At the end of November, Nepal’s government recognized a marriage between Nepalis of the same legal gender for the first time. But while the jubilant celebration undoubtedly deserves attention, various court cases and the country’s inconsistent bureaucracy make it virtually impossible for most queer couples to marry.
Maya Gurung and Surendra Pandey’s case first made headlines following an interim order issued by Nepal’s supreme court in June. Gurung is a transgender woman who is legally recognised as male and Pandey is a cisgender man.
The interim order instructed the government to create a separate register for marriages between people of the same sex as well as third gender people, who have been recognised in principle based on self-identification for over a decade.
The idea was to give queer couples interim legal recognition while the court officially deliberates a pending marriage equality case – but so far Nepali officials have been inconsistent in applying it.
Gurung and Pandey first attempted to legally register their marriage at the Kathmandu District Court, but it was rejected stating that it didn’t recognise same-sex relationships. They then appealed to the Patan High Court in September, but were rejected once more, with judges stating it was the responsibility of the federal government to change the law first.
It was only when Gurung’s rural home district of Lamjung issued them a temporary marriage certificate that they were finally able to legally tie the knot on November 29.
Their battle highlights just how piecemeal and subjective the process of applying court rulings can be in Nepal.
Other couples have fought – and sometimes won – to have their marriages recognised. Two same-sex couples in which one partner was Nepali and the other a foreigner were able to get the foreigners on spousal visas, in 2017 and 2023 respectively, but both had to take their cases to the supreme court to make it happen.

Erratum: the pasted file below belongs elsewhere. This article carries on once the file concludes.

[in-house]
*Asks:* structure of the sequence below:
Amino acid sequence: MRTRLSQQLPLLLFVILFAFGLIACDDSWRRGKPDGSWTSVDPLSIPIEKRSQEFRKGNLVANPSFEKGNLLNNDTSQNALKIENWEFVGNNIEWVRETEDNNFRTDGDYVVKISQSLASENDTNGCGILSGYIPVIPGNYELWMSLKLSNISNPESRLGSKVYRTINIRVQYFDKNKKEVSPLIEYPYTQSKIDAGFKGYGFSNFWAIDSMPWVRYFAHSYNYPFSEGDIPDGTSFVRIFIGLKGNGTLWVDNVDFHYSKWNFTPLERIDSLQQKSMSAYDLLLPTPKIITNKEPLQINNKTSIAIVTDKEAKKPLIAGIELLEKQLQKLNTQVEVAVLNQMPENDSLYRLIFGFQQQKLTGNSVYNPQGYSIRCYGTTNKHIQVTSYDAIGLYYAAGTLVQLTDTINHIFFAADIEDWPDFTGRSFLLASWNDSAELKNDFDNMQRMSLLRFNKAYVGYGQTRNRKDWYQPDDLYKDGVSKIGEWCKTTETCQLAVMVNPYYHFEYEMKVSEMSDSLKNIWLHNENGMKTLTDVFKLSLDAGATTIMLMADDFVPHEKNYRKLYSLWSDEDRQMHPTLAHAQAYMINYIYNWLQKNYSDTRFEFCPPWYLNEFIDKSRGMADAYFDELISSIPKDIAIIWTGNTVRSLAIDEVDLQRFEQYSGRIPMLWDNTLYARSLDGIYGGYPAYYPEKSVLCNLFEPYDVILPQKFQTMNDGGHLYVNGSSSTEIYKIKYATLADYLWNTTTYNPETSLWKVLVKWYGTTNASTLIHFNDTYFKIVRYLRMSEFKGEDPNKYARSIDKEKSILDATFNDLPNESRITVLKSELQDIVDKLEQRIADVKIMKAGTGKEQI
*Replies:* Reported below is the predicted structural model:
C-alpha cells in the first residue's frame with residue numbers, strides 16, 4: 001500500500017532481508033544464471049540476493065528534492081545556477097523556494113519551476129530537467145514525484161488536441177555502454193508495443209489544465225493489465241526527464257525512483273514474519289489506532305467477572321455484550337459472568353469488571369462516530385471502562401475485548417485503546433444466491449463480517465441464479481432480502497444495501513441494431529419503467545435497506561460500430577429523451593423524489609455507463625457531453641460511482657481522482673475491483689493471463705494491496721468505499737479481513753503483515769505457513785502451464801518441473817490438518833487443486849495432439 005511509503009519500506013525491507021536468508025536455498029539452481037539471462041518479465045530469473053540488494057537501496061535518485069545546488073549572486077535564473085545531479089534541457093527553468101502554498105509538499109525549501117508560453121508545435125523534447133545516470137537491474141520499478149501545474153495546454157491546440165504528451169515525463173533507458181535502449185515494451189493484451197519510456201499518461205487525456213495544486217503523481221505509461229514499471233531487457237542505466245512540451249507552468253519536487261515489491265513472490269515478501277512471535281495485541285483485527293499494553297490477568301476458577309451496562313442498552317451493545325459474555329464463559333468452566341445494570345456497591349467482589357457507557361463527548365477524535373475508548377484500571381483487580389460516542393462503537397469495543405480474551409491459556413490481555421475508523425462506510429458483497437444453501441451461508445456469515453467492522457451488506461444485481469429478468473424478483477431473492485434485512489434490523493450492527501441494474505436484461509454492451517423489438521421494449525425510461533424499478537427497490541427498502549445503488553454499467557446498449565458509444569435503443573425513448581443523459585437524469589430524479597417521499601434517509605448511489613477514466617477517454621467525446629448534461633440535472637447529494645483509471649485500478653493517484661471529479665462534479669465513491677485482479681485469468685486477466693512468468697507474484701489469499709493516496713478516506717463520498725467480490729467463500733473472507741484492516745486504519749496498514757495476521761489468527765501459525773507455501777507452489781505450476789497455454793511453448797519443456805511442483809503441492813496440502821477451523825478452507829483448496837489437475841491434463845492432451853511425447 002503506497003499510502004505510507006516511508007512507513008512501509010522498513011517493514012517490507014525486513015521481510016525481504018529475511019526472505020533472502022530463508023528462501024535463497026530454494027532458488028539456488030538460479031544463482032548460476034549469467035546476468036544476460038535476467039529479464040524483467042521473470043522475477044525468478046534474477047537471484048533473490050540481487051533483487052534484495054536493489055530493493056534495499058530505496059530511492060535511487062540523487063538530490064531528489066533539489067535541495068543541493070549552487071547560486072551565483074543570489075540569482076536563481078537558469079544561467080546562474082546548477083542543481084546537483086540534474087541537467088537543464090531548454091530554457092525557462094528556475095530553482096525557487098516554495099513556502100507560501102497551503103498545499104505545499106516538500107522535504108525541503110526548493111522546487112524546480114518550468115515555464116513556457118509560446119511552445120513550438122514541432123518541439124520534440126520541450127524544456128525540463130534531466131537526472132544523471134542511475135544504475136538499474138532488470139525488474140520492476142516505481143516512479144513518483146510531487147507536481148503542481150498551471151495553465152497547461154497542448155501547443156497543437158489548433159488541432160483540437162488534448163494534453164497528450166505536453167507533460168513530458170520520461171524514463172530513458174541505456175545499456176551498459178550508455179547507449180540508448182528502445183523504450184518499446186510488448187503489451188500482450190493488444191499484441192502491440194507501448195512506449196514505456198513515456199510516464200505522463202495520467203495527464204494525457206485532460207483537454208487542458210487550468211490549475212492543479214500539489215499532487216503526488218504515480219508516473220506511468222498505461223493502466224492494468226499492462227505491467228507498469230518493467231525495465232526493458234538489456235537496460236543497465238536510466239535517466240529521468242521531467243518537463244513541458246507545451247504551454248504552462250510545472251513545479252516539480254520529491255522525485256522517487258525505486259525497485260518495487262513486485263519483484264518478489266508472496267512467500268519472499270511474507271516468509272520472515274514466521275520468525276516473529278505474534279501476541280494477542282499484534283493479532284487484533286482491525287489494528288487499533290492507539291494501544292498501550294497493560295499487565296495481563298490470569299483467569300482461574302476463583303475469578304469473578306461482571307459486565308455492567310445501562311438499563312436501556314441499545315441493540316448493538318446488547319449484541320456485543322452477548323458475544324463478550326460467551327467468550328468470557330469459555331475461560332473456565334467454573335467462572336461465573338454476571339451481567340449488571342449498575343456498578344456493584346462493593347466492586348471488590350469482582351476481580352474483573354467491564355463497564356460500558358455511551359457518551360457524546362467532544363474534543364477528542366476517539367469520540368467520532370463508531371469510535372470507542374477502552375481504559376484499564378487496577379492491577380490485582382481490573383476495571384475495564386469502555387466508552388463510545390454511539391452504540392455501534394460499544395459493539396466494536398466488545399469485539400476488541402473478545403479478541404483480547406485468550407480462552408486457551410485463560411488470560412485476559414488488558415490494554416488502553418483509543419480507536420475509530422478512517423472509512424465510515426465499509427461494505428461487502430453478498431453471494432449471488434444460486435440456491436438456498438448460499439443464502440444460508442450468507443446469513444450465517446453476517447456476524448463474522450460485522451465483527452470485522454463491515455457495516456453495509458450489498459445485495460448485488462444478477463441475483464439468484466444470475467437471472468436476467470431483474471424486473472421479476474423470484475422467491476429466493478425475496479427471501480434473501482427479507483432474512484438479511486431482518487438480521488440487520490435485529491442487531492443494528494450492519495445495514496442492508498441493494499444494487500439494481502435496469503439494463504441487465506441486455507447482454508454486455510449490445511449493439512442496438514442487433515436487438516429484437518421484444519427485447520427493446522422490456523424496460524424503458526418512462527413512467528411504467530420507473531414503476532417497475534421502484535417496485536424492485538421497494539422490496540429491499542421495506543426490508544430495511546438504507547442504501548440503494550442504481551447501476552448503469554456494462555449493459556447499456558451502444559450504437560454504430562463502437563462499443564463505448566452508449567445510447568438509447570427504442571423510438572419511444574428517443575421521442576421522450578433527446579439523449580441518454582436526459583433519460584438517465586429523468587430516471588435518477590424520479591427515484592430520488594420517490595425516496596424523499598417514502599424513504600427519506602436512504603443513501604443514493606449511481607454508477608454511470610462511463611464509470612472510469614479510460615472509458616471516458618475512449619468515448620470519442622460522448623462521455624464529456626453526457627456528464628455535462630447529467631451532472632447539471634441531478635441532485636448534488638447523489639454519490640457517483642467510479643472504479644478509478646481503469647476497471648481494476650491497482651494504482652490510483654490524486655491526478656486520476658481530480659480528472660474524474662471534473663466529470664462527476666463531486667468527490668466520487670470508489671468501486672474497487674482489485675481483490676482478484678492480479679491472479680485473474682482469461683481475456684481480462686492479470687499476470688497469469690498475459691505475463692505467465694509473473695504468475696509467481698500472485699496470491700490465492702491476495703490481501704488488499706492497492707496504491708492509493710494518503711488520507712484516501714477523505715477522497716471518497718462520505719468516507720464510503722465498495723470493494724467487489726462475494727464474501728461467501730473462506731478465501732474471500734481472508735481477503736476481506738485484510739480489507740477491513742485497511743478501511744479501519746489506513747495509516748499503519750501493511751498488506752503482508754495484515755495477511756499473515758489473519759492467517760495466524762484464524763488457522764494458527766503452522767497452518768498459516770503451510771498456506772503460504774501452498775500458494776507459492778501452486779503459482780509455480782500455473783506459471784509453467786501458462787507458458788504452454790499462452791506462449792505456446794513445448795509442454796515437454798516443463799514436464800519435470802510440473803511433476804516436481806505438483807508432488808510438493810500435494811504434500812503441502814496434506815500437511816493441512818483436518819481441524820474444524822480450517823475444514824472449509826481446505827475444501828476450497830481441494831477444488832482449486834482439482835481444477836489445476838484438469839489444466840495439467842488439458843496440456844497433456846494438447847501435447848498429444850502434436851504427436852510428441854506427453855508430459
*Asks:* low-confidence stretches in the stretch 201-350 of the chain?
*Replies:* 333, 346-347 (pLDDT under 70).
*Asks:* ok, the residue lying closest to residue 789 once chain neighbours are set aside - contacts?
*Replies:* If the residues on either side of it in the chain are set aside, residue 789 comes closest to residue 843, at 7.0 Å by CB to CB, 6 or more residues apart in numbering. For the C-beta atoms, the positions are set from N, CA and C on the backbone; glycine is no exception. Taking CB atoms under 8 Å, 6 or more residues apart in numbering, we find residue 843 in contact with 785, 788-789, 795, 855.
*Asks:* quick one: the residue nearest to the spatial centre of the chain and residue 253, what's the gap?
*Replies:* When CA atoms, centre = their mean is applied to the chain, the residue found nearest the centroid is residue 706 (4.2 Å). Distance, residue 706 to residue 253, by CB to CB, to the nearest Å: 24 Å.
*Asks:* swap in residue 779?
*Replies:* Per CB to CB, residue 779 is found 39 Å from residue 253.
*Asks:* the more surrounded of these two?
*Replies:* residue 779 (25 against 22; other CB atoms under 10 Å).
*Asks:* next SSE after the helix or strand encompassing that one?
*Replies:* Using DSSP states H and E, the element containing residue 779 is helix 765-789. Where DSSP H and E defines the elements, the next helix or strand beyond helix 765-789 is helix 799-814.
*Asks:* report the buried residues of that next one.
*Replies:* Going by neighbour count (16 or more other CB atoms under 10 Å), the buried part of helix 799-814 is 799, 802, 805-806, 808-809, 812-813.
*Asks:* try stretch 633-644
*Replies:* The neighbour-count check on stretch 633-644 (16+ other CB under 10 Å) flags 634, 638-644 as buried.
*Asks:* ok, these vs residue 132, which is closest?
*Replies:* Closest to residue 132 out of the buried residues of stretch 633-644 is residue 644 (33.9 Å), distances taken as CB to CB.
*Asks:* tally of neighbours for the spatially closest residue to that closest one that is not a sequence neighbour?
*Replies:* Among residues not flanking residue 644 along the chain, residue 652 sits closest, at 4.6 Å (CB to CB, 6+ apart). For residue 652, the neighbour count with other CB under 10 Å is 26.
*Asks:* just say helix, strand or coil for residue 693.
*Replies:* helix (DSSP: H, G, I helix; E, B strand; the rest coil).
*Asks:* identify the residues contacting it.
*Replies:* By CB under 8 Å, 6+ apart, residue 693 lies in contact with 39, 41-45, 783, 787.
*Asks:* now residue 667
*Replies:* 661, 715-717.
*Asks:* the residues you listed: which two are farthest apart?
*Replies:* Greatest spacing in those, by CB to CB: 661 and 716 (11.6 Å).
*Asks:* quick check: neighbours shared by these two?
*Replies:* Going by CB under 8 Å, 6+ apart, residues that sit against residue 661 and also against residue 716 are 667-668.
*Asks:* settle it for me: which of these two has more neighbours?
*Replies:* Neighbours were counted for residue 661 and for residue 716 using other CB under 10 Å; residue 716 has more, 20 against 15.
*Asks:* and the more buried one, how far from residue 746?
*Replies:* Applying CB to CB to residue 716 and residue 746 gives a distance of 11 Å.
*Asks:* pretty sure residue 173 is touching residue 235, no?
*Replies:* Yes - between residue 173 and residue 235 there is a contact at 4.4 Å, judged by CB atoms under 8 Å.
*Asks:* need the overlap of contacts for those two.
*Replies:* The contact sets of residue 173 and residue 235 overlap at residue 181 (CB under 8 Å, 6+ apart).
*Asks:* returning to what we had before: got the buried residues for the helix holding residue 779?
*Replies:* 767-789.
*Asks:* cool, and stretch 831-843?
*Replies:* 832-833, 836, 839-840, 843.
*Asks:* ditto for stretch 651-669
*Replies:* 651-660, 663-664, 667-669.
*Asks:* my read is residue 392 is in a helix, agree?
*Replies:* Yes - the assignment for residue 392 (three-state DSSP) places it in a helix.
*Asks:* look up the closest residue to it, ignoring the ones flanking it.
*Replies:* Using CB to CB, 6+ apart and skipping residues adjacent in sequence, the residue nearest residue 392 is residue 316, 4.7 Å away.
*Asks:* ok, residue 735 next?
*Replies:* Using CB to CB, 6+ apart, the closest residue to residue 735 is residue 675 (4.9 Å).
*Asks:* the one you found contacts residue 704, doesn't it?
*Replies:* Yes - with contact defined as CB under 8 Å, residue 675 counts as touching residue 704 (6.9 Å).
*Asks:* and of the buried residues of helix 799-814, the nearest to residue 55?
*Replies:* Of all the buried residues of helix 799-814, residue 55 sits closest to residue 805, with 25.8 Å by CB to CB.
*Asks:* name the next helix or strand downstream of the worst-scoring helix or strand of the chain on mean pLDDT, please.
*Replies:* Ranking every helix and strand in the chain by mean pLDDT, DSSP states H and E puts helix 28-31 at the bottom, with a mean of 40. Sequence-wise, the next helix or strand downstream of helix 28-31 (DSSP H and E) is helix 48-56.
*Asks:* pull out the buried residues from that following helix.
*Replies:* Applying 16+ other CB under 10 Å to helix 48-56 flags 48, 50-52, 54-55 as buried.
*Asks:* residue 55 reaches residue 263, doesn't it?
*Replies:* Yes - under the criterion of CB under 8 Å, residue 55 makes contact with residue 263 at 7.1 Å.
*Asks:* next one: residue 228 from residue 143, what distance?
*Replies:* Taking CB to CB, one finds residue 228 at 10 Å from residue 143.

These high-level legal battles illustrate how inaccessible marriage registration remains for most queer couples in Nepal. Such litigation is time consuming, expensive, and exposes people’s personal lives to the public.
Nepal’s supreme court’s issued a groundbreaking judgment in 2007, becoming the first judiciary in the world to recognize the rights of LGBTQ+ people on the basis of the freshly-minted Yogyakarta Principles, a human rights document published in 2006 amid worldwide anti-LGBT violence and discrimination.
In that judgment, the supreme court ordered the government to form a committee to study same sex relationship recognition, and in 2015 the committee recommended the government “grant legal recognition to same-sex marriage on the basis of the principle of equality.”
However, successive governments have since failed to bring legislation on marriage equality, leaving queer couples in a legal lurch. Lawmakers should move swiftly on this point, and introduce a marriage equality bill in parliament.
There are plenty of reasons to laud Nepal for its influence on the global LGBT rights movement. Nepal’s strides on transgender rights have resonated around the world, with a case against the US State Department advocating to recognize an “X” gender on passports referenced Nepal’s jurisprudence.
The prime minister’s office has also indicated to LGBTQ+ rights activists that they are taking the supreme court’s interim order seriously, while the Ministry of Home Affairs gave its blessing to the local officials who registered Gurung and Pandey’s marriage.
These are all positive signs, and demonstrate how certain parts of Nepal’s government are upholding their human rights obligations.
So while the Gurung-Pandey nuptials certainly signal a bright future, there remains work to be done to ensure other couples can access relationship recognition on equal footing. Nepal is inching closer to the major superlative of being Asia’s second country—after Taiwan in 2019—to achieve marriage equality.